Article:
When it comes to time travel movies, I subscribe to one simple rule. Keep it simple. You present the main characters with an objective, send them off to fix the past, or future, and hope it all comes together in the end. If you throw in multiple timelines and alternate realities, you run the risk of making a convoluted story with plot holes. Heroes anyone? The first Hot Tub Time Machine could have went in that direction. The title even suggests a wacky, unpredictable adventure that doesn’t take itself seriously at all. Instead we got a simple story about three guys, and one nephew, journeying back to 1986 to relive their teenage years while learning something about themselves. It was outrageous and ridiculous, but it was still grounded and sincere, courtesy of John Cusack and his scenes with Lizzy Caplan. With Cusack’s noticeable absence in the sequel, what we end up with is still a wacky and hilarious adventure, but not a lot of heart or coherence.
In Hot Tub Time Machine 2, Lou Dorchen (Rob Corddry) is reveling about his empire built on his knowledge of the future since the 1980’s. His company Lougle (Google) is doing relatively well despite his incompetence and his wife Kelly (Collette Wolfe) still hates his guts in the most affectionate way possible. His son Jacob (Clark Duke), on the other hand, is unemployed and living off his parents money. Nick Webber (Craig Robinson) is still busy ripping off other people’s music before they ever invent it themselves such as Nirvana and Lisa Loeb. He begins to have misgivings about his dishonest music enterprise and wonders if he should have done things differently. When they all get together at a party in Lou’s mansion, minus John Cusack, Lou ends up shot by a mysterious stranger and the only way they can save him is by using the hot tub to go back in time and find his killer. The hot tub that was stolen and moved to Lou’s home for expediency’s sake. They end up in the year 2025 by accident, or fate, and Lou turns out to still be alive despite dying in 2015. Cue the magical repairman, played by Chevy Chase, who returns to explain that the present is the past and the future the present. The killer is from the future so Lou doesn’t die until the killer goes back in time. So the rest of the movie turns into a whodunnit.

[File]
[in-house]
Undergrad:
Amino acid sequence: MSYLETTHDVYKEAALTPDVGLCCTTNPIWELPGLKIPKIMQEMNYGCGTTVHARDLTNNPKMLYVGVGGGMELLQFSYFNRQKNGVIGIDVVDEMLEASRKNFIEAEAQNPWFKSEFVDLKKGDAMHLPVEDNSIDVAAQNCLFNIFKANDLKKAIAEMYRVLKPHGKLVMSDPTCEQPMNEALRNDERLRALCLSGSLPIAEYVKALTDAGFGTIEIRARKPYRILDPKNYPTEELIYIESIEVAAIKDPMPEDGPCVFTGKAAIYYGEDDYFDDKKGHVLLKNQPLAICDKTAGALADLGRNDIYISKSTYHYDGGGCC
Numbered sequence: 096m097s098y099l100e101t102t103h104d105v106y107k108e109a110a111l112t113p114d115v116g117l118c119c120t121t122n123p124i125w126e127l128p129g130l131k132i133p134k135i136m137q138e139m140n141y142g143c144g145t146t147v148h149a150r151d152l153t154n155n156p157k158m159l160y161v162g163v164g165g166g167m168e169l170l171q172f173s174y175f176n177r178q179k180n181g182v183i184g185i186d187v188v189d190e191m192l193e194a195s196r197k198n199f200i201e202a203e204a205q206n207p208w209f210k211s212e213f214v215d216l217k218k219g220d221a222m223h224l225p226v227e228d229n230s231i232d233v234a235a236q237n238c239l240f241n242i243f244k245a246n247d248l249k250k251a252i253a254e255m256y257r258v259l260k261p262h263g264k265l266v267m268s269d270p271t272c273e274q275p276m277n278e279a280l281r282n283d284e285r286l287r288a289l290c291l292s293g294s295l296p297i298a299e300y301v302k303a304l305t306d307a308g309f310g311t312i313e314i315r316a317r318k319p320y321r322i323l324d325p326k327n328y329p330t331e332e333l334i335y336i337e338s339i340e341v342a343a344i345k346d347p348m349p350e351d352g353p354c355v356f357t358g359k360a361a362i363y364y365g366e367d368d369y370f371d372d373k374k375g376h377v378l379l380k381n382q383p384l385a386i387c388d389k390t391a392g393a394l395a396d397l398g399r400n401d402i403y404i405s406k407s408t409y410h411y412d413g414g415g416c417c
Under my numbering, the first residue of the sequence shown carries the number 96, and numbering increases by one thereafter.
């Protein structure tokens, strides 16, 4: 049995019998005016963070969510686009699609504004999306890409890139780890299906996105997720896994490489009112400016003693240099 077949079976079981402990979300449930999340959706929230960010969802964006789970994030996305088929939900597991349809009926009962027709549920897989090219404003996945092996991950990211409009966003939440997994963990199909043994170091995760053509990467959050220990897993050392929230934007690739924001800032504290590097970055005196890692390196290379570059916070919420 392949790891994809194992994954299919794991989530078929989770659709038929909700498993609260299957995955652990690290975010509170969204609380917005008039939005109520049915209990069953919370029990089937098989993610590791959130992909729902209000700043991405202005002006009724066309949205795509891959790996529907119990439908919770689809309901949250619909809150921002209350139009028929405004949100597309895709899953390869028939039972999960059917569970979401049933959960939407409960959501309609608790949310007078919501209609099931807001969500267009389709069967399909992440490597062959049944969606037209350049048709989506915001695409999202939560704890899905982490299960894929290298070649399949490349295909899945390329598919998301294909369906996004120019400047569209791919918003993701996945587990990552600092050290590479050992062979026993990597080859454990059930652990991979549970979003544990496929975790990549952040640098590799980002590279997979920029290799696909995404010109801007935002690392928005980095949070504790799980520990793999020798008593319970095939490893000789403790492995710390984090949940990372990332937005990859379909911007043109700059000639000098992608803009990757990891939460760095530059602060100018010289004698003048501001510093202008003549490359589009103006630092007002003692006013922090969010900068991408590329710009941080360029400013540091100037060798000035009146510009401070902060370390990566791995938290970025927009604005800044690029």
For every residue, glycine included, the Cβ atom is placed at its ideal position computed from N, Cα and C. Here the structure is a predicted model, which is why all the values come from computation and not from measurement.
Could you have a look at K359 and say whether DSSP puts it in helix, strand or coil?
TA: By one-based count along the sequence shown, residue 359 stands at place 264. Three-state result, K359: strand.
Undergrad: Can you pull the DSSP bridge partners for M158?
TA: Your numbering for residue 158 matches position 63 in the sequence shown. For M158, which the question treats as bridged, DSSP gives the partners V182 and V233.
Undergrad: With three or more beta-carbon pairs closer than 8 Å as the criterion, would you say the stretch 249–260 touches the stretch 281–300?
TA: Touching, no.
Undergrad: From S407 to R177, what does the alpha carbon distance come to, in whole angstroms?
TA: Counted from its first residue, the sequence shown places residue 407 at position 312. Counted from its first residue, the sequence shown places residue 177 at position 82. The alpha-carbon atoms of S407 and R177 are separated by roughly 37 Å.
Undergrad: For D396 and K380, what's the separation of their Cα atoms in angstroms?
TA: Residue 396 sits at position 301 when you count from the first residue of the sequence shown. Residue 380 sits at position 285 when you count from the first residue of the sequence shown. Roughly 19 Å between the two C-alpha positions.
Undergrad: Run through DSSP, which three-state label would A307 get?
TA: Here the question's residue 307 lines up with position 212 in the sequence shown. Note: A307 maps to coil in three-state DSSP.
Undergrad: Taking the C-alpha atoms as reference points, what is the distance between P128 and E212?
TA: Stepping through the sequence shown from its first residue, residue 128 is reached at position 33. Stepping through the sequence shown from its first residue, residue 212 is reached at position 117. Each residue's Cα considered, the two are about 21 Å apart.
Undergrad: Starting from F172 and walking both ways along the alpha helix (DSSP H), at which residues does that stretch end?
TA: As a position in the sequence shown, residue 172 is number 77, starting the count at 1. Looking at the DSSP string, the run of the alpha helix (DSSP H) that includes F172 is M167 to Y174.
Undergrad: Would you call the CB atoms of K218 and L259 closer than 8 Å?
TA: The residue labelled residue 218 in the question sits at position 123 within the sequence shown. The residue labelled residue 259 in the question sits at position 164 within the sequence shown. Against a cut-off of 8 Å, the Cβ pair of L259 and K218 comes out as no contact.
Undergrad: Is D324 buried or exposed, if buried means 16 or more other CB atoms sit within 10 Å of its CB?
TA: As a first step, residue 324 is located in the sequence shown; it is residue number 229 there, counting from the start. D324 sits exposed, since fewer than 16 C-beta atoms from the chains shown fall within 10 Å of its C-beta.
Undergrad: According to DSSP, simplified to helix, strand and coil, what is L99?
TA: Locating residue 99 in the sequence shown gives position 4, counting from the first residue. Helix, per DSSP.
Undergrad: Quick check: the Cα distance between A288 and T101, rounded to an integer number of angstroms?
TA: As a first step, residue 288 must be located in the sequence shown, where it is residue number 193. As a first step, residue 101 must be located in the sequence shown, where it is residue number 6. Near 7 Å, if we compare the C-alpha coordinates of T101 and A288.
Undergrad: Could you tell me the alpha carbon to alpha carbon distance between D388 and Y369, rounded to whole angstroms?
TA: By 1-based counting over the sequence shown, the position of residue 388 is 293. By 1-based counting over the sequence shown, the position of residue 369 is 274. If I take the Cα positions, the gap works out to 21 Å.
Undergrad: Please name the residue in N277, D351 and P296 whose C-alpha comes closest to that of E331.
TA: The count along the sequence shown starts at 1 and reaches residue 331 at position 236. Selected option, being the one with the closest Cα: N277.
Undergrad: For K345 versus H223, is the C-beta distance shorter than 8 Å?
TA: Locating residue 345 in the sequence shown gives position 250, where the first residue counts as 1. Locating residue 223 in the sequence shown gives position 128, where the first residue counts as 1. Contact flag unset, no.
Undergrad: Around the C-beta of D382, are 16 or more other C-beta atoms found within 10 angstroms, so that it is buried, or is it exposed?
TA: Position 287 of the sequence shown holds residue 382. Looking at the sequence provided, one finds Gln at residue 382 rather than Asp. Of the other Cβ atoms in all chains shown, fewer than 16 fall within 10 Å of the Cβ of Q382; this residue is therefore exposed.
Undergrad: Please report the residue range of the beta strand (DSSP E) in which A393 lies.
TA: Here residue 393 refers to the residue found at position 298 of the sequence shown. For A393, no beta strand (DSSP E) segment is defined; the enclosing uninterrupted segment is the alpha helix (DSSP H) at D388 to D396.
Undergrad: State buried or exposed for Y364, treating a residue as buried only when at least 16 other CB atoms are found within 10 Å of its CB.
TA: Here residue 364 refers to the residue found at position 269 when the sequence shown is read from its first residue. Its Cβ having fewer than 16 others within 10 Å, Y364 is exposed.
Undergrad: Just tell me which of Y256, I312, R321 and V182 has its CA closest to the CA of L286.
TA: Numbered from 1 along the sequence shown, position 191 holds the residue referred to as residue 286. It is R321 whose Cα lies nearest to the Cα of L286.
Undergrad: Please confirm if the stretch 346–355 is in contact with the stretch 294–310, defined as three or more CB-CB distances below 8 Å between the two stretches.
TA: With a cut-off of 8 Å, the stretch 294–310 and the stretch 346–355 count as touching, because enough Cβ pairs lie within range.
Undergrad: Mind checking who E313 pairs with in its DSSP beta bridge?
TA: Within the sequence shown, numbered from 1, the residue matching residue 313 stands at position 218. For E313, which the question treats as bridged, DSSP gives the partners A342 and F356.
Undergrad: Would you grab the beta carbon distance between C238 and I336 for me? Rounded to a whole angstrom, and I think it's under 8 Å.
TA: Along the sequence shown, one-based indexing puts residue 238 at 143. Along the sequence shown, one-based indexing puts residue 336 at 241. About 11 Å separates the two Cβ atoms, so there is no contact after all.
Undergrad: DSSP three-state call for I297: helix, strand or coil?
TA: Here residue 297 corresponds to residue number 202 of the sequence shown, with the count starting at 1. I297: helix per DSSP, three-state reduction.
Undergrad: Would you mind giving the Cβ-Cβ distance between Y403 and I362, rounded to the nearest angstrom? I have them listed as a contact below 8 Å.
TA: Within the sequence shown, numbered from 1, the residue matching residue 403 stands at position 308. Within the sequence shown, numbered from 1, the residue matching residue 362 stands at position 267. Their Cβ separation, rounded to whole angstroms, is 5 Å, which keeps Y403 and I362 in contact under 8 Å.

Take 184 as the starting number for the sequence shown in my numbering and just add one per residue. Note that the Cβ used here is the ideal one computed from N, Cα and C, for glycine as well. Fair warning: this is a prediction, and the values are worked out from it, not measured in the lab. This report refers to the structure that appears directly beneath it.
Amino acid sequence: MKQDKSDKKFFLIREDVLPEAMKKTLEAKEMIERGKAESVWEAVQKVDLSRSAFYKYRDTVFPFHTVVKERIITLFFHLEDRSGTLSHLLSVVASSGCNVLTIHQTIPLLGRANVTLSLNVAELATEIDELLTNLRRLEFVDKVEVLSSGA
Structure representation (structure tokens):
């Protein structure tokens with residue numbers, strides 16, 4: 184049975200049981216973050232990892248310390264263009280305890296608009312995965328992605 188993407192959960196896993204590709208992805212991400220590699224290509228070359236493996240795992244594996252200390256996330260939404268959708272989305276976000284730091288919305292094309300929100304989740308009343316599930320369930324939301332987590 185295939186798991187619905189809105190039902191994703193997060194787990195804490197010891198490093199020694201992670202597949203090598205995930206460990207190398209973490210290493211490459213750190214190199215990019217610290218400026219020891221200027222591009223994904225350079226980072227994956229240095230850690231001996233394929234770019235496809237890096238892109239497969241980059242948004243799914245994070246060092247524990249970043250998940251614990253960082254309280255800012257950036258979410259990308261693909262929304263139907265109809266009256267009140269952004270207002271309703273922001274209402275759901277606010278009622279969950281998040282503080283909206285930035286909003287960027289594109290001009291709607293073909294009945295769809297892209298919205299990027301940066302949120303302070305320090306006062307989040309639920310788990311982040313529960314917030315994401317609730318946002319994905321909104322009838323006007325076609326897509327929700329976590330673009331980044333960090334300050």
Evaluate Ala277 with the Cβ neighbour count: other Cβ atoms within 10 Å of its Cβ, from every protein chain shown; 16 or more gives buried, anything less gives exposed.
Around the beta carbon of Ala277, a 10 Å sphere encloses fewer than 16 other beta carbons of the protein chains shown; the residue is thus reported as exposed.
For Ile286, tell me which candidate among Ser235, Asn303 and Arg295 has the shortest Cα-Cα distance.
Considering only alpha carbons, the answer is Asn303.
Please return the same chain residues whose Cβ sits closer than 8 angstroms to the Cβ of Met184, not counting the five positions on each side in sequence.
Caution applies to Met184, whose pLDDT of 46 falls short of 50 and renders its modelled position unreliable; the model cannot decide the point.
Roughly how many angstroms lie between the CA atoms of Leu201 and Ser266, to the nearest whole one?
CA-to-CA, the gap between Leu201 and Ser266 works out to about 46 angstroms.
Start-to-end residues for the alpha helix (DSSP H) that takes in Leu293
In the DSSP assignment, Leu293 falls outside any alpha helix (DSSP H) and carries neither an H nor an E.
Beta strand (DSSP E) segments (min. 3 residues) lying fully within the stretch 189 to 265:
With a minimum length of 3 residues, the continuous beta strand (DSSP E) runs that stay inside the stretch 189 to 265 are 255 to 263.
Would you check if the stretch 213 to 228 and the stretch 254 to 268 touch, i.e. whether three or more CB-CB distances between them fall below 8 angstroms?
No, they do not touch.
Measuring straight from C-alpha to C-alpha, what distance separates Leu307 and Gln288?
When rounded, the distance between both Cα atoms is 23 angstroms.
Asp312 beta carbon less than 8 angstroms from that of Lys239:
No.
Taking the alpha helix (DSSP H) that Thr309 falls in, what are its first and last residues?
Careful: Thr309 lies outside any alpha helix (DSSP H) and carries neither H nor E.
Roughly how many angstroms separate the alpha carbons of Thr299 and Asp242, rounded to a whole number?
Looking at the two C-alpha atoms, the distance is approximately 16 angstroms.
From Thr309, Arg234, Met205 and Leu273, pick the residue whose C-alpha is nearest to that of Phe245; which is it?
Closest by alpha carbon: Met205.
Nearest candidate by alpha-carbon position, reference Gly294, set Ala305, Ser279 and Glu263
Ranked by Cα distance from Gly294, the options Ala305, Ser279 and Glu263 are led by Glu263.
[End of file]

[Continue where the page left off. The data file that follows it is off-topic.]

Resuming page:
The replacement for John Cusack’s character Adam is another Adam. Adam Yates Jr., played by Adam Scott from Parks and Rec. He is the son of Adam and is surprised to learn he has both a cousin and an uncle. Adam is an honest gentleman with no vices and an organic lifestyle. He plans to get married the next day, but decides to help Lou, Nick, and Jacob on their quest. There are several suspects for them to choose from and all of them have a motive to kill Lou. Since Lou has a lot to learn about not being a jerk to his friends and family, this story is really his journey to redemption; which is a lot to put on Rob Corddry’s shoulders, but he carries it pretty well.
Where the movie succeeds is the humor. It takes the gross, outrageous scenes from the first movie and ups it to eleven. One particular scene involving Nick Webber on a celebrity gameshow called Choozy Doozy is hysterical. There’s also a running gag with smart cars that drive themselves and respond to positive reinforcement. When Lou pisses one off, the car decides to track him down and take him out. There are no shortage of potential killers in this movie.
I found Hot Tub Time Machine 2 to be a fun and insane adventure, but at times too complicated for its own good. It never fully resolves a few issues from the first movie and then piles on several more. Does Nick ever go back in time and stop himself from recording other people’s music with incorrect lyrics? Nope. Does Lou learn to find another way to get rich without buying Google and renaming it? No. Do they ever learn that time travel is dangerous and they should probably just destroy it since they don’t have a clue how to use it safely? No. They subscribe more to the Bill and Ted philosophy of time travel instead of the Terminator. The ending of the movie, as always, hints at a sequel that will be even wilder and more nonsensical than this one. I recommend this movie for time travel fans and fans of Craig Robinson and Rob Corddry. They have great scenes together. Adam Scott and Clark Duke also provide some fun moments. However the next movie goes, try and get John Cusack to return.
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About Hot Tub Time Machine 2
Synopsis: When Lou finds himself in trouble, Nick and Jacob fire up the hot tub time machine in an attempt to get back to the past. But they inadvertently land in the future with Adam Jr. Now they have to alter the future in order to save the past – which is really the present.
Director: Steve Pink
Writers: Josh Heald
Stars: Rob Corddry, Craig Robinson, Clark Duke, Adam Scott, Gillian Jacobs, Chevy Chase
Runtime: 93 Minutes
Releases: February 20th, 2014